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Troubles lighting the fire in a fireplace or woodburning stove happen in one out of every four homes. Some of the most frequent issues are:

Issues igniting the fire

If you have trouble igniting the fire, it may be that you’re using improper firewood, or that there is a lack of chimney draught.

Chimney draught is created from the variation between the low exterior temperature and high chimney temperature. It may be hard to ignite a fire if the chimney remains cool during this process. As such, the draught is narrow.

The firewood used to light the fire must be dry, and you need to begin with small pieces of wood when igniting the fire. Upon doing so, the fire will grow fast and develop the required heat for a proper chimney draught.

Smoke in the living room

The chimney draught is probably not sufficient if smoke comes from the fireplace/stove. If you live in a home with a ventilation system or cooker hood, the chimney draught can weaken.

Smoke may also escape the stove/fireplace if there is a disproportion between the size of the stove/fireplace and the size of the chimney. The natural draught is stimulated by the weather and therefore can differ.

Components like the height of the chimney in proportion to tall buildings or similar constructs in the area can also negatively impact the natural draught. In several instances, it can develop downdraught, which might result in smoke seeping into a room.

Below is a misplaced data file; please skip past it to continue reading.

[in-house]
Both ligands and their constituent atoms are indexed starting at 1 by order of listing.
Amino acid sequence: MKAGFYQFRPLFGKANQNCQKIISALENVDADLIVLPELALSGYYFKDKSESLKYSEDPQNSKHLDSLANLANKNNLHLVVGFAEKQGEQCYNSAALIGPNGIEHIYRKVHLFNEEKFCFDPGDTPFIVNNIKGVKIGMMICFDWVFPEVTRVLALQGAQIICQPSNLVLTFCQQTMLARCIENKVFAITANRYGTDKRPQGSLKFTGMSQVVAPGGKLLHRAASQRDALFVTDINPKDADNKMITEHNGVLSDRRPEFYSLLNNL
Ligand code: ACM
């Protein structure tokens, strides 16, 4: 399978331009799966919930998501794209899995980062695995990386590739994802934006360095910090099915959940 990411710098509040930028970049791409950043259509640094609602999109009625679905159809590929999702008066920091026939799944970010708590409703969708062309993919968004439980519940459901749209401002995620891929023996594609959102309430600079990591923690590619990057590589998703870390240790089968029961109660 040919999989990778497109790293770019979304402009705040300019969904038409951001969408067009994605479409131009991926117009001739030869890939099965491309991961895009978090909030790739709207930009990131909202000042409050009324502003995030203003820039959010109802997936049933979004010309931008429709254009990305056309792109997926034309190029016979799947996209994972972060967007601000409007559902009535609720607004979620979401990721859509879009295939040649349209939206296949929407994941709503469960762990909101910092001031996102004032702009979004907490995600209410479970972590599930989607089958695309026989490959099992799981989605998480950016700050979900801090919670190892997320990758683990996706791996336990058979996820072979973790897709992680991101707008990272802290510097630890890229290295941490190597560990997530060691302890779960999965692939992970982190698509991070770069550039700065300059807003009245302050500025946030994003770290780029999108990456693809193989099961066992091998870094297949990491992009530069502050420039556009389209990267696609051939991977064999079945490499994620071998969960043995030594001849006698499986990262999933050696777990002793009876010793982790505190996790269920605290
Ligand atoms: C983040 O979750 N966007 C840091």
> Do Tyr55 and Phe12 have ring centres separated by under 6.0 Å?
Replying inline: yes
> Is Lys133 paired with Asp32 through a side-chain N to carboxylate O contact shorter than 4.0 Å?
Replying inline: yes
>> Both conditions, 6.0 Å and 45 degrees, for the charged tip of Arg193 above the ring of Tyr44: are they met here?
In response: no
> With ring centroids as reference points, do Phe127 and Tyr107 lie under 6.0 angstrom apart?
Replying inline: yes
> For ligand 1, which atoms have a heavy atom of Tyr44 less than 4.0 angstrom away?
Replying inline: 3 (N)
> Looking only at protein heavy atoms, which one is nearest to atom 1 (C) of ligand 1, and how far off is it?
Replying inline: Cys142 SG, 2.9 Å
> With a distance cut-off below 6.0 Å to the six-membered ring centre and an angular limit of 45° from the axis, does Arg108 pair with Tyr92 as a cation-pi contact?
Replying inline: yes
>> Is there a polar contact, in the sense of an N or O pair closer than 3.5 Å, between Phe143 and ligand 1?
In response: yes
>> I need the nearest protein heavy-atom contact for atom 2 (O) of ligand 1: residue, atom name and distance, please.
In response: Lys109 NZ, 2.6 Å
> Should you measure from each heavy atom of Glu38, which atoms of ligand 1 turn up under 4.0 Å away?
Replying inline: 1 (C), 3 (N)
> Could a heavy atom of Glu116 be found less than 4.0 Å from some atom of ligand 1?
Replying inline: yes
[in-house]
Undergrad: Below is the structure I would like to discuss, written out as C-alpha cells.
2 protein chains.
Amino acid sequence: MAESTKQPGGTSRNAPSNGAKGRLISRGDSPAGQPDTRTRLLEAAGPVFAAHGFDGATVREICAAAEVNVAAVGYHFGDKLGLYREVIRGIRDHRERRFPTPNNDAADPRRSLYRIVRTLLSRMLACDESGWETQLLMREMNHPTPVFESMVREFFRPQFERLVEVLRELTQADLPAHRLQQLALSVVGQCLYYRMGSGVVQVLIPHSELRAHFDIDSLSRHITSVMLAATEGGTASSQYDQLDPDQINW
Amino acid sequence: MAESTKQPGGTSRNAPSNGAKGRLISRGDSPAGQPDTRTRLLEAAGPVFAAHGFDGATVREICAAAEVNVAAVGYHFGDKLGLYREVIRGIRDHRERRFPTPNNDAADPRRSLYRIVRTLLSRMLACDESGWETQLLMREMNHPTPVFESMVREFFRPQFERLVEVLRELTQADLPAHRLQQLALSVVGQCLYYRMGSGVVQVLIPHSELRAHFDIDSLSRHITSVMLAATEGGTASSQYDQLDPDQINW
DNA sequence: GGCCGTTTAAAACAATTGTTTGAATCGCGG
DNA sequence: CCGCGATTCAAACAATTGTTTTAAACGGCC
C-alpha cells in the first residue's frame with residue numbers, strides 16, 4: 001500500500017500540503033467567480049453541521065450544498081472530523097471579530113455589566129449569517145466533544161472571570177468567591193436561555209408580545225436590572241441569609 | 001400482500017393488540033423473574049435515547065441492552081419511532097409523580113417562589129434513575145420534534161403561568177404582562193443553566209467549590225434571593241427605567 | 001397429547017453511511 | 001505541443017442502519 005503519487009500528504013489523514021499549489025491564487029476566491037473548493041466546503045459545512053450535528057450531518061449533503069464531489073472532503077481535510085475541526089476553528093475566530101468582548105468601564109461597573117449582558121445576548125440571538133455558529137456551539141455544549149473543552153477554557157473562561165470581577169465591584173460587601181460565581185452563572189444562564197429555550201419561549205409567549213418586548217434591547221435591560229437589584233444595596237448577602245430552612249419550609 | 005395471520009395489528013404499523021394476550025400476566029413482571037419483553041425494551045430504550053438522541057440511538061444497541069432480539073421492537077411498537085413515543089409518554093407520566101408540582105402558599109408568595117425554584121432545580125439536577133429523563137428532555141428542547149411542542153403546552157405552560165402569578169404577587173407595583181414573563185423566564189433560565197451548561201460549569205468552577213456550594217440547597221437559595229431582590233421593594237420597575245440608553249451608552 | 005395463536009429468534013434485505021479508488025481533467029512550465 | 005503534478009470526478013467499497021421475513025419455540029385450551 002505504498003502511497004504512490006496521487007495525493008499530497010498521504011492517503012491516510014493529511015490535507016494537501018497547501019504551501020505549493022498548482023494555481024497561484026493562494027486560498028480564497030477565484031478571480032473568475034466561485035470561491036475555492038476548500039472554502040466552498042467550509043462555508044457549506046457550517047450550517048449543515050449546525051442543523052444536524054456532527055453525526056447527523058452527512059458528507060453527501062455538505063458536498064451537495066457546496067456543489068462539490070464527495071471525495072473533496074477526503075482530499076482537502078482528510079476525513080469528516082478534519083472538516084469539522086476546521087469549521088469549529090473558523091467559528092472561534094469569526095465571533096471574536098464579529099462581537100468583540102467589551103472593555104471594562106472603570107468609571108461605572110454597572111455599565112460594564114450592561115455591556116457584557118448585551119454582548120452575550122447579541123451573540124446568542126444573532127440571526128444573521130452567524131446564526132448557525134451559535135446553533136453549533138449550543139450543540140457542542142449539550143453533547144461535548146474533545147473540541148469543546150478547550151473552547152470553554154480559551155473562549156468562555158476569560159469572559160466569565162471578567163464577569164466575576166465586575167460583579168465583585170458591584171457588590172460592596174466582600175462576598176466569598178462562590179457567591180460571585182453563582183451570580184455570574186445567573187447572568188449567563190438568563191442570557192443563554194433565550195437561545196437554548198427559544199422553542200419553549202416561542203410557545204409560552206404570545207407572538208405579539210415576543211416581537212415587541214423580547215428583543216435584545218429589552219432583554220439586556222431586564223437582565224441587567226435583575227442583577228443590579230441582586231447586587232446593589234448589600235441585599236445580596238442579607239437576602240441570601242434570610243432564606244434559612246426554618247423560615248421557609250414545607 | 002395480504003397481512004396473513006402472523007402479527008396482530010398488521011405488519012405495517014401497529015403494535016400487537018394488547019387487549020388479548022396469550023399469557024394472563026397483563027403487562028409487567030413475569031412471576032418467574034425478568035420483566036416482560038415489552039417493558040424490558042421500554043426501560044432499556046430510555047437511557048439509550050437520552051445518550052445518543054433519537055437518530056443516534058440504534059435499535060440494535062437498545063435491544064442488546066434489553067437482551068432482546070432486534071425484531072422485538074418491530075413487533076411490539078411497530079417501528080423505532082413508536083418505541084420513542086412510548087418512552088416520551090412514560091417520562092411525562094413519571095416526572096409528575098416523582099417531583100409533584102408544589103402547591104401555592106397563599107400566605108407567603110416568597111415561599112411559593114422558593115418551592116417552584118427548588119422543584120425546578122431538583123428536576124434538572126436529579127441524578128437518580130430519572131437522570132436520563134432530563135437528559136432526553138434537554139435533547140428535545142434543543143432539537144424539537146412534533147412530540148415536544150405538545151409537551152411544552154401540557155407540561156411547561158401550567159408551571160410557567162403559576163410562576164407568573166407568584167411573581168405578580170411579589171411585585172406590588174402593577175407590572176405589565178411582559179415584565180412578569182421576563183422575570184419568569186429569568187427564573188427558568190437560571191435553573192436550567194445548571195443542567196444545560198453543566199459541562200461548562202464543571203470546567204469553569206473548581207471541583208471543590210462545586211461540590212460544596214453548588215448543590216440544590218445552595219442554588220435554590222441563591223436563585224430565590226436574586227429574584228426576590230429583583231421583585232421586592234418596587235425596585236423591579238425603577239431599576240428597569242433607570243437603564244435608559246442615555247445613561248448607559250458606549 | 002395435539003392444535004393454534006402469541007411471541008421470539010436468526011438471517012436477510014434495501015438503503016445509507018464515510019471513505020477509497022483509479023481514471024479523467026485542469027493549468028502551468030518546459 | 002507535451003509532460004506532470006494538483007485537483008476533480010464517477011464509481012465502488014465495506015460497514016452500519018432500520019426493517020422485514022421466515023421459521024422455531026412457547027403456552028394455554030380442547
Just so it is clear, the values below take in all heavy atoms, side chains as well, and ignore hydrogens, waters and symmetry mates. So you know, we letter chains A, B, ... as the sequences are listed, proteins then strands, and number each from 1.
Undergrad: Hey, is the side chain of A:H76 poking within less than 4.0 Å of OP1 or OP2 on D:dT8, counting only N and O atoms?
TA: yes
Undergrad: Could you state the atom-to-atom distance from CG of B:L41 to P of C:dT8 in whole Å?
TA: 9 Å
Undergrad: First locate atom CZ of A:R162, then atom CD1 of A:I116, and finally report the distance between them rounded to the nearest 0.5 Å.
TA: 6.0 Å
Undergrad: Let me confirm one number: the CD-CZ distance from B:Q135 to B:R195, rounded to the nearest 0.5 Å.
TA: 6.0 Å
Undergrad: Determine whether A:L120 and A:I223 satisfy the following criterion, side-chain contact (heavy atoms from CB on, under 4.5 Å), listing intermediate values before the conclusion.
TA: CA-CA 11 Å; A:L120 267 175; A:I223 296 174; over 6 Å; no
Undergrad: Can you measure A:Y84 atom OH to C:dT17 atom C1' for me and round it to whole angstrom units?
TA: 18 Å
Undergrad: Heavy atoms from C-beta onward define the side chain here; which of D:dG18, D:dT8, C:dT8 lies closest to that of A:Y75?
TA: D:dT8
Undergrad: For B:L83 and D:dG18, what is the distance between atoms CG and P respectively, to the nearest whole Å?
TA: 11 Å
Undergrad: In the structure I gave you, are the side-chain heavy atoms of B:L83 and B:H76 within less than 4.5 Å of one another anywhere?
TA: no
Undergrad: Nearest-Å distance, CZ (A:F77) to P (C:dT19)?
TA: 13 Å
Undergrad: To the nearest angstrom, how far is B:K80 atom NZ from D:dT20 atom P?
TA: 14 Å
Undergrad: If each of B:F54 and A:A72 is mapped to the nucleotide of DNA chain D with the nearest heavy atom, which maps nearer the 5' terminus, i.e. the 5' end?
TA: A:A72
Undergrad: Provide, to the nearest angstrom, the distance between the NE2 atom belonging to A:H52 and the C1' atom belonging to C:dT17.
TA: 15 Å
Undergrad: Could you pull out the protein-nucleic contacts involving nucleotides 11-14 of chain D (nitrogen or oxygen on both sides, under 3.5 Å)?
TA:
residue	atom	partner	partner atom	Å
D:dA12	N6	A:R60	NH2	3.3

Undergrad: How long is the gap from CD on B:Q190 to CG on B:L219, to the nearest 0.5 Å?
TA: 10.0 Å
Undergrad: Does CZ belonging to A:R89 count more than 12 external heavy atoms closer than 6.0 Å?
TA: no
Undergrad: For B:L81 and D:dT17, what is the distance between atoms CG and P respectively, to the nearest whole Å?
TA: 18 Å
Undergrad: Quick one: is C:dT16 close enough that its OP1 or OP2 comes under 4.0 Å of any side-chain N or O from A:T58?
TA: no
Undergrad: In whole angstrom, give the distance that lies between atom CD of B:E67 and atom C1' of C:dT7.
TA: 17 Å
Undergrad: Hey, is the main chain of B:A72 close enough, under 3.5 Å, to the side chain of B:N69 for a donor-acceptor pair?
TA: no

The flames are dying

Proper combustion requires a consistent air supply. It is the job of the chimney to eliminate smoke, and the chimney draught must provide fresh air consistent with how much smoke the fireplace/stove produces.

Smoke odor and soot issues

When soot gathers around the door of the stove and you can smell it, it is because of inadequate combustion. The issue can happen when you use wet fuel, when you incorrectly adjust the air valve, or if you lack enough chimney draught.

Proper combustion warrants high temperatures and a steady air supply. If you reduce the air supply too fast, the unfired particles and gasses will produce foul-smelling smoke and soot.

You are not using your fireplace/stove properly

An exodraft chimney fan system allows you to regulate your chimney draught.

The fan is placed above the chimney and develops a suction, which allows the flue gasses to flow out from the chimney top, as opposed to into the living room.

As such, you can regulate the draught as required, so you can enjoy the fire in your woodburning stove or fireplace hassle-free.

Illustration of chimney fan mounted on top of a chimney

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